Commercialized Sharing

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Maurie J. Cohen:

"Present-day commercialized sharing falls mainly into two categories: mediated micro-entrepreneurship and serialized rental.

1) Mediated Micro-Entrepreneurship entails the brokerage of individual assets and/or labor and irregular work opportunities for which the match-making platform receives a commission. Applied within the field of urban mobility, this is the strategy operationalized by Uber, which relies on iterant drivers to provide on-demand taxi services using their own cars.

2) Serialized Rental, by way of contrast, is common to anyone who has picked up a car at the airport from Hertz or one of its competitors, but the business model has more recently been adapted for intra-urban travel and spur-of-the-moment city trips by ZipCar (a subsidiary of the Avis Budget Group), Car2Go (a subsidiary of Daimler AG), and a host of other companies.

3) By contrast, a third alternative -- Communitarian Provisioning -- promises a more credible form of sharing. With respect to mobility services, this option includes "transit oriented" nonprofit and cooperative providers like City Car Share in San Francisco and Modo in Vancouver." (


Developing Communitarian Provisioning as an alternative

Maurie J. Cohen:

"Development of a more efficacious sharing economy will require constraining expansion of mediated micro-entrepreneurship and serialized rental in favor of modes consistent with communitarian provisioning. Fortunately, the last year has given rise to a few interesting propositions and many innovative social enterprises (first reported by Shareable in "Owning is the New Sharing") with the potential to steer us in a more democratic and accountable direction. Especially notable is a recommendation by Nathan Schneider and Trebor Scholtz urging workers to become owners under the aegis of what they call platform cooperativism. The movement they intend to catalyze through an upcoming event in New York City calls for a deep reconfiguration of the sharing economy premised on producer collaboration and a vision of progressive economic transformation. And Schneider and Scholtz are correct to counsel urgency. Decisive action is indeed necessary before the current VC-backed frontrunners solidify impregnable monopolies in their respective markets. In moving toward platform cooperativism, the availability of open-source software like Sharetribe, which enables social entrepreneurs to easily create new sharing networks is likely to be an important new development.

While this idea is unquestionably laudable, there is opportunity to push it a little further. Why limit cooperation only to producers while implicitly treating consumers as little more than a mass of aggregate demand? Why elevate workers over their customers when the distinction is artificial and rarely static? A more creative and ambitious application of platform cooperativism would embrace consumers as co-equals and seek to formulate novel business models that span production and consumption. The uniting of these two domains would dissolve predispositions that treat buyers and sellers as rivals rather than allies, prioritize return on investment rather than solidarity, and emphasize value appropriation rather than community improvement.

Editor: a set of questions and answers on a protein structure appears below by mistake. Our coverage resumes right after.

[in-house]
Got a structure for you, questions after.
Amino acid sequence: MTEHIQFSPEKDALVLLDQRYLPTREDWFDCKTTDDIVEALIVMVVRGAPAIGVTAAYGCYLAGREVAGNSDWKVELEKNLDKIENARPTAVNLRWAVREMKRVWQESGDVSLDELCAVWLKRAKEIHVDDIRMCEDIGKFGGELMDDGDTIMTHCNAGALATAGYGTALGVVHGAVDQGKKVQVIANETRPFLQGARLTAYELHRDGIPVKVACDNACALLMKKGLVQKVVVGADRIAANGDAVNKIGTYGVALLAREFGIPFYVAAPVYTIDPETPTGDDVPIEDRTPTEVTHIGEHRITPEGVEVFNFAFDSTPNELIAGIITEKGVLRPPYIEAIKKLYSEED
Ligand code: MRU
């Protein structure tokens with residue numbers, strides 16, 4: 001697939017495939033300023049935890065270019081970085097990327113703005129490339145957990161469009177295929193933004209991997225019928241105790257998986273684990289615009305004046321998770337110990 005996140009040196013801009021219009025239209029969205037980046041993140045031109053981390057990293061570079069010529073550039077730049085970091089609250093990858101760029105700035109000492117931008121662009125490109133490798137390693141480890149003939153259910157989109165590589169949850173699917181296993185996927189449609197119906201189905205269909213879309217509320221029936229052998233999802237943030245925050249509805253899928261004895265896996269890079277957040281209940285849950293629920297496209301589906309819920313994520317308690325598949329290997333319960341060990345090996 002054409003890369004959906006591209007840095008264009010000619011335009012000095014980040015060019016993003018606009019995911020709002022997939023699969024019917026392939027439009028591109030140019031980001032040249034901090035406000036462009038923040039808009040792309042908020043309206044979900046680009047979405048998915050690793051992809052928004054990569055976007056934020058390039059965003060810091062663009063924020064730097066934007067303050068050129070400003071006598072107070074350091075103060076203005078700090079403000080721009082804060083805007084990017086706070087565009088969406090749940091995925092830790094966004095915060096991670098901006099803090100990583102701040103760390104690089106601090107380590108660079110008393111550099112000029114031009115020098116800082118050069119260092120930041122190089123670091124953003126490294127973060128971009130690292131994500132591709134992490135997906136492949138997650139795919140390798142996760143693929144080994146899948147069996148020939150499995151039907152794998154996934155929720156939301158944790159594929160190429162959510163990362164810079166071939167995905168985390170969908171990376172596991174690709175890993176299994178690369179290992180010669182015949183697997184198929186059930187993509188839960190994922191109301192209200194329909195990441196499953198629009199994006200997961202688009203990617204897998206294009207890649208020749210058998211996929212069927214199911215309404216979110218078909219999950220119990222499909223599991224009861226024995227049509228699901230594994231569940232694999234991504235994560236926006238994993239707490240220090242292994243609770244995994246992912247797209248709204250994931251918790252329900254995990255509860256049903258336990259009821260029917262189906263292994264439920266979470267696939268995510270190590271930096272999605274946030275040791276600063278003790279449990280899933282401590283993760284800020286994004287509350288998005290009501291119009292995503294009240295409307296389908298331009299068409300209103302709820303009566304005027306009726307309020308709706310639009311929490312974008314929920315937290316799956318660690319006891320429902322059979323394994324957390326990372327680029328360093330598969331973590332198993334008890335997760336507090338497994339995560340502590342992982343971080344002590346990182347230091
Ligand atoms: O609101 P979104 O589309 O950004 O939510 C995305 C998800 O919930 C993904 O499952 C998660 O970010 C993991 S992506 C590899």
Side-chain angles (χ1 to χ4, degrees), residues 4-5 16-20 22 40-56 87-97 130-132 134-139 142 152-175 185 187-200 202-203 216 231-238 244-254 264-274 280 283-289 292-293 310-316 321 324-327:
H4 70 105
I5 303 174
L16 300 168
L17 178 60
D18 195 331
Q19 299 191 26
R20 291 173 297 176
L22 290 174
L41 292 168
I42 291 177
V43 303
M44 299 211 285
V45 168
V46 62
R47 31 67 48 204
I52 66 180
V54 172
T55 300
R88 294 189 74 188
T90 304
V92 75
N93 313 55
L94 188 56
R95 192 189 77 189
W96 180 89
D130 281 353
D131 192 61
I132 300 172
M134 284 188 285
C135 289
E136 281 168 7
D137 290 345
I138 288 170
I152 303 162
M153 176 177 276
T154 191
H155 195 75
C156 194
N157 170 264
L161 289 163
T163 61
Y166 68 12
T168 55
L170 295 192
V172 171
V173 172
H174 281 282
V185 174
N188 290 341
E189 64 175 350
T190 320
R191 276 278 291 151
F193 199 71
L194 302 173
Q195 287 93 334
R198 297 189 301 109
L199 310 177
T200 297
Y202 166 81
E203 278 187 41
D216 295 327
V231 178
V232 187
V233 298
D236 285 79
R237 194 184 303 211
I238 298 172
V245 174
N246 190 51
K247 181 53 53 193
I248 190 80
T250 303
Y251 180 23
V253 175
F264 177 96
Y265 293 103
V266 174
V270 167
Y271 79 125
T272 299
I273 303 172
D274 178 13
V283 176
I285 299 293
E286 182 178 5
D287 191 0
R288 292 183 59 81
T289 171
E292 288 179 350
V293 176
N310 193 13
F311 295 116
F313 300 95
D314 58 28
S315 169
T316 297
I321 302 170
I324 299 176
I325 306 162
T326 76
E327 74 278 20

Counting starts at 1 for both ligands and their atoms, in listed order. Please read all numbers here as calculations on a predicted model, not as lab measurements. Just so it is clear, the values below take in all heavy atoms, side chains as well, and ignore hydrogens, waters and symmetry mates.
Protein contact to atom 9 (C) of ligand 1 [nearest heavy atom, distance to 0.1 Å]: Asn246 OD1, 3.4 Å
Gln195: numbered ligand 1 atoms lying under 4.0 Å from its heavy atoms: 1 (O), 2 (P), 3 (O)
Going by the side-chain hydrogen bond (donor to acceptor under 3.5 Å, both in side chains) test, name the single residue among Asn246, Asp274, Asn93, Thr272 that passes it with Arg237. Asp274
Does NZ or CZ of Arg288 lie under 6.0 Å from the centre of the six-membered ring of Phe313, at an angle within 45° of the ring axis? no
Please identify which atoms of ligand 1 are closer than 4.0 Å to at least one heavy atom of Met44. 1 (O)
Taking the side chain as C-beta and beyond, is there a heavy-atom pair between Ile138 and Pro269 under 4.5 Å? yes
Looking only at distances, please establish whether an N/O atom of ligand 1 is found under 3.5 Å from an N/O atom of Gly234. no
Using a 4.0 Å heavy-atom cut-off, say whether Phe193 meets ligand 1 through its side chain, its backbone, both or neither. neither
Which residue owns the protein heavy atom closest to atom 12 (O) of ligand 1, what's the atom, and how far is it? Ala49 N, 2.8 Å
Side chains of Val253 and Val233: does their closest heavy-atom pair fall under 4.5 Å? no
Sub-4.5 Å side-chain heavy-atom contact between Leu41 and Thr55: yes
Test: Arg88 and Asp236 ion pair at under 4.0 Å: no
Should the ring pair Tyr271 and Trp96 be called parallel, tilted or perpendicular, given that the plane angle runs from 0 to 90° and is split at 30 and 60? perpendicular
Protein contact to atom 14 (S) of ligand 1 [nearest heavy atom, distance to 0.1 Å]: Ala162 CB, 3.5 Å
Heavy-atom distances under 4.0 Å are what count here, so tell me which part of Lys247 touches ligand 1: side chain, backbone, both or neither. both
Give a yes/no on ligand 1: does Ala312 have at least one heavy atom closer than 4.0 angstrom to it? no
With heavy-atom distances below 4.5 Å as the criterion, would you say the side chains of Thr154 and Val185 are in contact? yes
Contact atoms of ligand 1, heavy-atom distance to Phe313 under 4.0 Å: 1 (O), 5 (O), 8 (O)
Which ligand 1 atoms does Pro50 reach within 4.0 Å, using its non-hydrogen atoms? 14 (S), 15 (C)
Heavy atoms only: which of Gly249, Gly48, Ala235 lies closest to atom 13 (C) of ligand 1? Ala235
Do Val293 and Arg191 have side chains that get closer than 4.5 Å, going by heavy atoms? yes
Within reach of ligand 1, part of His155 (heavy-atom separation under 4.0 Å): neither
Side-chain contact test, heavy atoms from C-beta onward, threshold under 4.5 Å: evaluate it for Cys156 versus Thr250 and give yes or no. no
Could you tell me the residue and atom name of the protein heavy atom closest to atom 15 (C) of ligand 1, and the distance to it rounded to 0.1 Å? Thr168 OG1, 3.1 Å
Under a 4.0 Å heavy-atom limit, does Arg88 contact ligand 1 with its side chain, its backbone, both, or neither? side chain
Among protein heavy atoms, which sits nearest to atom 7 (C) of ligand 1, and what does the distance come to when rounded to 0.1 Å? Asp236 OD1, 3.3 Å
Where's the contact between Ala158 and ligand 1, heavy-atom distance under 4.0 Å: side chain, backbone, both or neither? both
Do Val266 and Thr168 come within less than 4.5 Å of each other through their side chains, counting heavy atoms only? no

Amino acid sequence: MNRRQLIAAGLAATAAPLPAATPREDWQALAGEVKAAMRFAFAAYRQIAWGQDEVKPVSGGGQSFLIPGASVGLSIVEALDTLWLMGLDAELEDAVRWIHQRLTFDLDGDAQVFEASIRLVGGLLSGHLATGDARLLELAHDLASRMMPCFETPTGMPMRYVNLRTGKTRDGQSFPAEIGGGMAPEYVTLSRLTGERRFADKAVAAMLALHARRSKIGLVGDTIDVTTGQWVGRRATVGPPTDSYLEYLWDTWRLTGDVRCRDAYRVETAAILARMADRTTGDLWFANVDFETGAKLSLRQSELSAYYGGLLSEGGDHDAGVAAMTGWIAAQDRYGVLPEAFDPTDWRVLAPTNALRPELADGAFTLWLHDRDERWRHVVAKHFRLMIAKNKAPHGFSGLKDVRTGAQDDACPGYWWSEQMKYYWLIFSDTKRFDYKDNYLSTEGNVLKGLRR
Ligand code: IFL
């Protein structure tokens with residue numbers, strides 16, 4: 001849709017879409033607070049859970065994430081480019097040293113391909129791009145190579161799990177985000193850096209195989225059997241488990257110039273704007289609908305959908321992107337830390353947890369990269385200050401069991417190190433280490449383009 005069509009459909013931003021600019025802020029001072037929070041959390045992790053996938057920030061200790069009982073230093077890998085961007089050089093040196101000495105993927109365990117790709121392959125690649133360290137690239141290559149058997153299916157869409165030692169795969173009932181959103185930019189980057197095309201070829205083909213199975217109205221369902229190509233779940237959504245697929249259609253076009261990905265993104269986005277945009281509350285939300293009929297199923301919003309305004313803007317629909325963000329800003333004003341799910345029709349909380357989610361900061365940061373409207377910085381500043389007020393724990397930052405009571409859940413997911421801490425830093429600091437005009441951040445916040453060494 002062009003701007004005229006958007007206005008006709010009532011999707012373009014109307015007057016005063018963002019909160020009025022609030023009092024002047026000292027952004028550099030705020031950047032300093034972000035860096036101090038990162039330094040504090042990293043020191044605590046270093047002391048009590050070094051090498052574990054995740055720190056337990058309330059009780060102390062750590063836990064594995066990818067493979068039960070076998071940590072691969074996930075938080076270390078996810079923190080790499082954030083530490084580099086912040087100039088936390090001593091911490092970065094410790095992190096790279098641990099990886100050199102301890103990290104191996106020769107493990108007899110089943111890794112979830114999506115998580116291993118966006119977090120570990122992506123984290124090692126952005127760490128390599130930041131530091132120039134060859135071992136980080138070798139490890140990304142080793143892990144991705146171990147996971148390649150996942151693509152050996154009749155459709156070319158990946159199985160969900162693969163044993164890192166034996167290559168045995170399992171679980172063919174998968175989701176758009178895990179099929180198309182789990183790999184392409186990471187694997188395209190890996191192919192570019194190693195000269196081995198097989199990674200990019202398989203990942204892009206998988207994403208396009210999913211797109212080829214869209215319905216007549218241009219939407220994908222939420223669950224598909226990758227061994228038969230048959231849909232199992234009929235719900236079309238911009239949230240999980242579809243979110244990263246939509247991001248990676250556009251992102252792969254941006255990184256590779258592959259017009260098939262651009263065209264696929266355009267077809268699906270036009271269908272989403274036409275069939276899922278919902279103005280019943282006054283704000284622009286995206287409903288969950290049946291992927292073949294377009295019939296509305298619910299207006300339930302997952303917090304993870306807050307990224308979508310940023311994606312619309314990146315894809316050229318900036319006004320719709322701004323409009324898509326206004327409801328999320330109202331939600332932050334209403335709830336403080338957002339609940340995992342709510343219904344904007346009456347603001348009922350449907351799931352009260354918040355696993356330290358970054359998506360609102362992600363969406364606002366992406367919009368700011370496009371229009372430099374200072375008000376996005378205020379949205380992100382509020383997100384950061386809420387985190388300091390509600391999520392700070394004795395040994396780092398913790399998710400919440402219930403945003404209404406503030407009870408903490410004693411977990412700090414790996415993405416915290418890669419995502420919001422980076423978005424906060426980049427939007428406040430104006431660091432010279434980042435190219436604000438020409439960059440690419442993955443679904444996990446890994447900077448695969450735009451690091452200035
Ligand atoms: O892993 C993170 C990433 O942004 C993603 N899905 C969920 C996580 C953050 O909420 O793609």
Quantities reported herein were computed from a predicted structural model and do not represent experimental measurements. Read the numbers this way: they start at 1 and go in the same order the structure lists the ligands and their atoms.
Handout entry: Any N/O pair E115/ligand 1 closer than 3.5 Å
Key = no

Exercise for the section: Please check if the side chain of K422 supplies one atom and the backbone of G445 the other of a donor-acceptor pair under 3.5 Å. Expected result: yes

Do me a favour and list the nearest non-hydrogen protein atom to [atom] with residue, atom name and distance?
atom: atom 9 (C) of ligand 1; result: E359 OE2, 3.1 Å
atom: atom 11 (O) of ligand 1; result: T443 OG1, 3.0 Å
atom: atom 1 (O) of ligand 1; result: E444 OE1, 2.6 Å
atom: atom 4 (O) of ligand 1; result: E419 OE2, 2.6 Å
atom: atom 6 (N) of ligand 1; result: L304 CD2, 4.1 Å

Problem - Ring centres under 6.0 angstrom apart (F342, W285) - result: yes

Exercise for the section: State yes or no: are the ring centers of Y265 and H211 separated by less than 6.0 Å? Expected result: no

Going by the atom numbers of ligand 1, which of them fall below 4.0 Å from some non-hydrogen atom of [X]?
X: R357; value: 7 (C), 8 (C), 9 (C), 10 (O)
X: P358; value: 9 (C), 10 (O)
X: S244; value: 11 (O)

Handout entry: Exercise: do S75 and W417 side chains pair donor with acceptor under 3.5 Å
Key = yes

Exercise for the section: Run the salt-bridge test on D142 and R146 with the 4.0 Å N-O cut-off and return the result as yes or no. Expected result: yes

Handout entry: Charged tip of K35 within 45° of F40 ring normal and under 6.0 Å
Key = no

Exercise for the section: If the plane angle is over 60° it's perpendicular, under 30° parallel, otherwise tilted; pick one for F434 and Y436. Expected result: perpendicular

In the non-digital world, so-called multi-stakeholder cooperatives that combine producers and consumers are starting to emerge, especially in conjunction with local food movements. A prominent example is Eroski, a subsidiary of the venerable Mondragon Corporation, which operates more than 1,000 supermarkets in Spain. The Weaver Street Market is a worker- and consumer-owned cooperative based in North Carolina that runs three stores specializing in organic produce and fair trade products, as well as a restaurant. Applying this hybrid approach to a revivified sharing economy would involve the payment of an annual subscription fee by consumer-owners who would then be entitled to a predetermined number of, say, taxi trips or overnight stays provided by their producer-owner colleagues. Since few people are exclusively producers or consumers, affiliation with a multi-stakeholder cooperative would facilitate seamless shifts between roles. On some days, a particular member would find herself working as a producer and on others she would be consuming goods or services provided by the mutual association." (